You might think that the short step from 11 to 10 Downing Street is an easy, even automatic one, but it is rarer than you would expect. Only four chancellors since the Second World War have become prime minister, though others have had the ambition to do so. Denis Healey is sometimes described as the best prime minister Labour never had, while George Osborne thought he was a shoo-in to succeed David Cameron until the Brexit vote intervened.

The four who did make it were Harold Macmillan, James Callaghan, John Major and Gordon Brown. Their records in office were mixed.

Callaghan, who moved aside as chancellor in 1967 after implementing a devaluation of the pound he had previously promised not to do, becoming home secretary, was prime minister from 1976 to 1979, losing to Margaret Thatcher. He ticked off all four great offices of state; chancellor, foreign secretary, home secretary and prime minister.

Brown, a 10-year chancellor whose many achievements included independence for the Bank of England, took over as prime minister in mid-2007, just as the financial crisis was breaking out. Within weeks he was faced with the run on Northern Rock, the first significant run on a British bank since the 1860s.

Both Callaghan and Brown suffered from not calling general elections when they should have done, Callaghan having lined everybody up for an election in the autumn of 1978 and then deciding not to do it and Brown repeating history in the autumn of 2007 with “the election that never was”. They would both have probably won the elections they decided not to hold and modern British history. As it was, Callaghan’s hopes were killed off by the 1978-79 winter of discontent of strikes and disruption, and Brown’s by the full extent of the financial crisis and recession.

Of the two Tory ex-chancellors who became prime minister, Macmillan and Major, both also served as foreign secretary, though only briefly in Major’s case. Macmillan, known for reassuring voters that they had never had it so good – “let us be frank about it, most of our people have never had it so good” – and won a general election in 1959. But his second term was more difficult, with the economy in difficulty, and he resigned in 1963, citing ill health.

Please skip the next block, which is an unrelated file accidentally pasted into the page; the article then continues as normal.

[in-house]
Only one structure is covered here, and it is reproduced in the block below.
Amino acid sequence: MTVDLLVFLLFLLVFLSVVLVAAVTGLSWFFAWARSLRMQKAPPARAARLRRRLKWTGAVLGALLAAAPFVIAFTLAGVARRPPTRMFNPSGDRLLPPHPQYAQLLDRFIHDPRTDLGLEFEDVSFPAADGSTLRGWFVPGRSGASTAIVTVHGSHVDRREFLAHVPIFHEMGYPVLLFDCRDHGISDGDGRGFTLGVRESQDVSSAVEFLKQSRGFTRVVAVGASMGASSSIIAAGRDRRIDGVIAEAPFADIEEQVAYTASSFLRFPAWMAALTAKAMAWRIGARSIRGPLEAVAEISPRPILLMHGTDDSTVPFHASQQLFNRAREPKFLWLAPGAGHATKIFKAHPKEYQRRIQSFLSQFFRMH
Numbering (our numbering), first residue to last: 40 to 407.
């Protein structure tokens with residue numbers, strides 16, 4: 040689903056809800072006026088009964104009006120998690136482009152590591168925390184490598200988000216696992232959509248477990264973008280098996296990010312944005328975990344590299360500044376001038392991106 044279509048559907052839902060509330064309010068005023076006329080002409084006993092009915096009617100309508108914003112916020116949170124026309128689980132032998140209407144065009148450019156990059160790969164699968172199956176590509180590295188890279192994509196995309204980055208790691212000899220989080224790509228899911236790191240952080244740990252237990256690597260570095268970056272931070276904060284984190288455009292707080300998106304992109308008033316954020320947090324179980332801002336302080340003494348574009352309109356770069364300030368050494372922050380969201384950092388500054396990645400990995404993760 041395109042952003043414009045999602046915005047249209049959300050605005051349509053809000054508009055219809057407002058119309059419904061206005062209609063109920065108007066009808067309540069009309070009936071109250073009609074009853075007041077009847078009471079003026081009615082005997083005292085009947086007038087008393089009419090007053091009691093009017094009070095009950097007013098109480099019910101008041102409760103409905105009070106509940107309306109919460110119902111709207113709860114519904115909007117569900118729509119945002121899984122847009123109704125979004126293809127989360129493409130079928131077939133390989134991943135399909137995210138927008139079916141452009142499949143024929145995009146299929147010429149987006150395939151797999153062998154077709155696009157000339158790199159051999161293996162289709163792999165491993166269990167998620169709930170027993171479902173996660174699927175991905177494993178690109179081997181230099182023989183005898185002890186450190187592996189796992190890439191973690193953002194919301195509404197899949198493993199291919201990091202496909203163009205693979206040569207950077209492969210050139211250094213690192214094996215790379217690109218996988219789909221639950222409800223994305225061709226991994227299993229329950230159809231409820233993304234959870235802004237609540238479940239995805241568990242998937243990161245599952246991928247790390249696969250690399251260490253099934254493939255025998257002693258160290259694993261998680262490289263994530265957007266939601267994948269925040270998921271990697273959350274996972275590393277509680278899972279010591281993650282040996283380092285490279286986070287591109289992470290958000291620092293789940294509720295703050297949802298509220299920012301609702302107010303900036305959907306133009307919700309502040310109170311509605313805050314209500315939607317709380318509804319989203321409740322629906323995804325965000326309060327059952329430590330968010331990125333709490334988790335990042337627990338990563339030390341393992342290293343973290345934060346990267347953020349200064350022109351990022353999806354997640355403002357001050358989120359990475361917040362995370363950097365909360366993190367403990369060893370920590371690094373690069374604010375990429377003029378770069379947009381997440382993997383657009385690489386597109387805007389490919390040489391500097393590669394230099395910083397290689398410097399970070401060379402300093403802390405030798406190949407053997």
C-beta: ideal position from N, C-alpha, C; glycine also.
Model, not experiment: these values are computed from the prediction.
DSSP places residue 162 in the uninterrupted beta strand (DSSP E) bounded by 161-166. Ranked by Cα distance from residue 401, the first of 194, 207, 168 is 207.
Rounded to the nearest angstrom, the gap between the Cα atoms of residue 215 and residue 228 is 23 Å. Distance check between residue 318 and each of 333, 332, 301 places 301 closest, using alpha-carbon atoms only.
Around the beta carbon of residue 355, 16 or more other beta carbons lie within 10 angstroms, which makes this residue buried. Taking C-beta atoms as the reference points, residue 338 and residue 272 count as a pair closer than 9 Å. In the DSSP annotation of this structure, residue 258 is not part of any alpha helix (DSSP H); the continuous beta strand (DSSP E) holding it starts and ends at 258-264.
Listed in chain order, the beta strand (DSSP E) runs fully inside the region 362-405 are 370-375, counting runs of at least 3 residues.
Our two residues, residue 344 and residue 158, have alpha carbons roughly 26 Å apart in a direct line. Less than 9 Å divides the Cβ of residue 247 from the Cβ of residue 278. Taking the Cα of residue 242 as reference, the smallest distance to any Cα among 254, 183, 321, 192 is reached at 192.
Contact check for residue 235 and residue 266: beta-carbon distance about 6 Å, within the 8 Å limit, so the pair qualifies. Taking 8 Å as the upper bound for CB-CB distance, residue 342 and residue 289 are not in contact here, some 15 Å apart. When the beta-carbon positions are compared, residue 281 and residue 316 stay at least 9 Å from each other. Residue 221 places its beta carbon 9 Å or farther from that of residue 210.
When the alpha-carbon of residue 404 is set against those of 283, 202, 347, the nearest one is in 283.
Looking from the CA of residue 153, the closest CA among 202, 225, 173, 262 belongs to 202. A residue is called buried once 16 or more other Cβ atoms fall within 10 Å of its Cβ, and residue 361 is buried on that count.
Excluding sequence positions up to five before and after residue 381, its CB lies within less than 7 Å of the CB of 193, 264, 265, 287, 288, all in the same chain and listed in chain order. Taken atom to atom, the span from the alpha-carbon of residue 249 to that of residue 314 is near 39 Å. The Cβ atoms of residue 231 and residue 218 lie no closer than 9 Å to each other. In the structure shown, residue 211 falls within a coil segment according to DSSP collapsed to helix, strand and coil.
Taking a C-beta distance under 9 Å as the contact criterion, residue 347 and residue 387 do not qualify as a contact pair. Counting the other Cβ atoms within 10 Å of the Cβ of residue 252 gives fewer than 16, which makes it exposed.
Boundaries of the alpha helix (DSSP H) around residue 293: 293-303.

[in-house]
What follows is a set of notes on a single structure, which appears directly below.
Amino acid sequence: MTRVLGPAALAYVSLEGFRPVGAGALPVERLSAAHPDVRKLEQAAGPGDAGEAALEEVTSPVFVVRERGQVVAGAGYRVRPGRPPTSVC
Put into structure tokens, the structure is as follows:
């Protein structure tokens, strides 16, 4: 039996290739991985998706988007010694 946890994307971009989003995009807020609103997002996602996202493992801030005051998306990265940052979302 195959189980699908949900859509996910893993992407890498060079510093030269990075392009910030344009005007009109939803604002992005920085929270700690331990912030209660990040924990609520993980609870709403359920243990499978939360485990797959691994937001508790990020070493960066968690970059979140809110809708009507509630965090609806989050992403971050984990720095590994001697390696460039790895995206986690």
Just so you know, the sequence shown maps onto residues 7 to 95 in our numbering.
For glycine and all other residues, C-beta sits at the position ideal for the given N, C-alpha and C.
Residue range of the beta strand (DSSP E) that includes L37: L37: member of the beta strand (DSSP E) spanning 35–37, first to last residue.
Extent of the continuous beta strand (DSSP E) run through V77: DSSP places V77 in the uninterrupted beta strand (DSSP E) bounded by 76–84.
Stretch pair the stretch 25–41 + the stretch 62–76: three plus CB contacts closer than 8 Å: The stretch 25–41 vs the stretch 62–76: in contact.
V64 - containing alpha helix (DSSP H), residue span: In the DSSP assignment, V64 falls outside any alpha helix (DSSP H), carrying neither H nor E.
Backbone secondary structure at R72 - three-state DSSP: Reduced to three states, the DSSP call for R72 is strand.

Major, who as chancellor had taken sterling into the European exchange rate mechanism (ERM) was also an election winner, winning in 1992 when, following a recession he was widely expected to lose. But the next five years were troubled, characterised by Tory divisions over Europe and sleaze, before his loss in a landslide to Tony Blair in 1997.

If that tells you that moving from chancellor to prime minister is harder than it looks, that would be a fair assessment. The current chancellor, whose political rise has been meteoric, is competent, well-liked and has great attention to detail, and you would not apply all, or most, of those qualities to the prime minister.

The question in coming months will be whether his tax rises become a political millstone for him. Having presided over a big and necessary increase in the size of the state during the pandemic, some of which will persist, in any leadership contest he would face competition from a small-state, low-tax opponent. The question would be whether his reassurances that he is a tax cutter at heart and only implemented the post-pandemic tax hikes out of necessity would convince the sceptics.

He probably thought that would be a question for much later, perhaps after he has delivered the pre-election tax cuts he wants to do. Sunak, like many people, will have been surprised by the speed of Johnson’s descent into the mire.

We shall see. In the meantime, keep an eye on the pound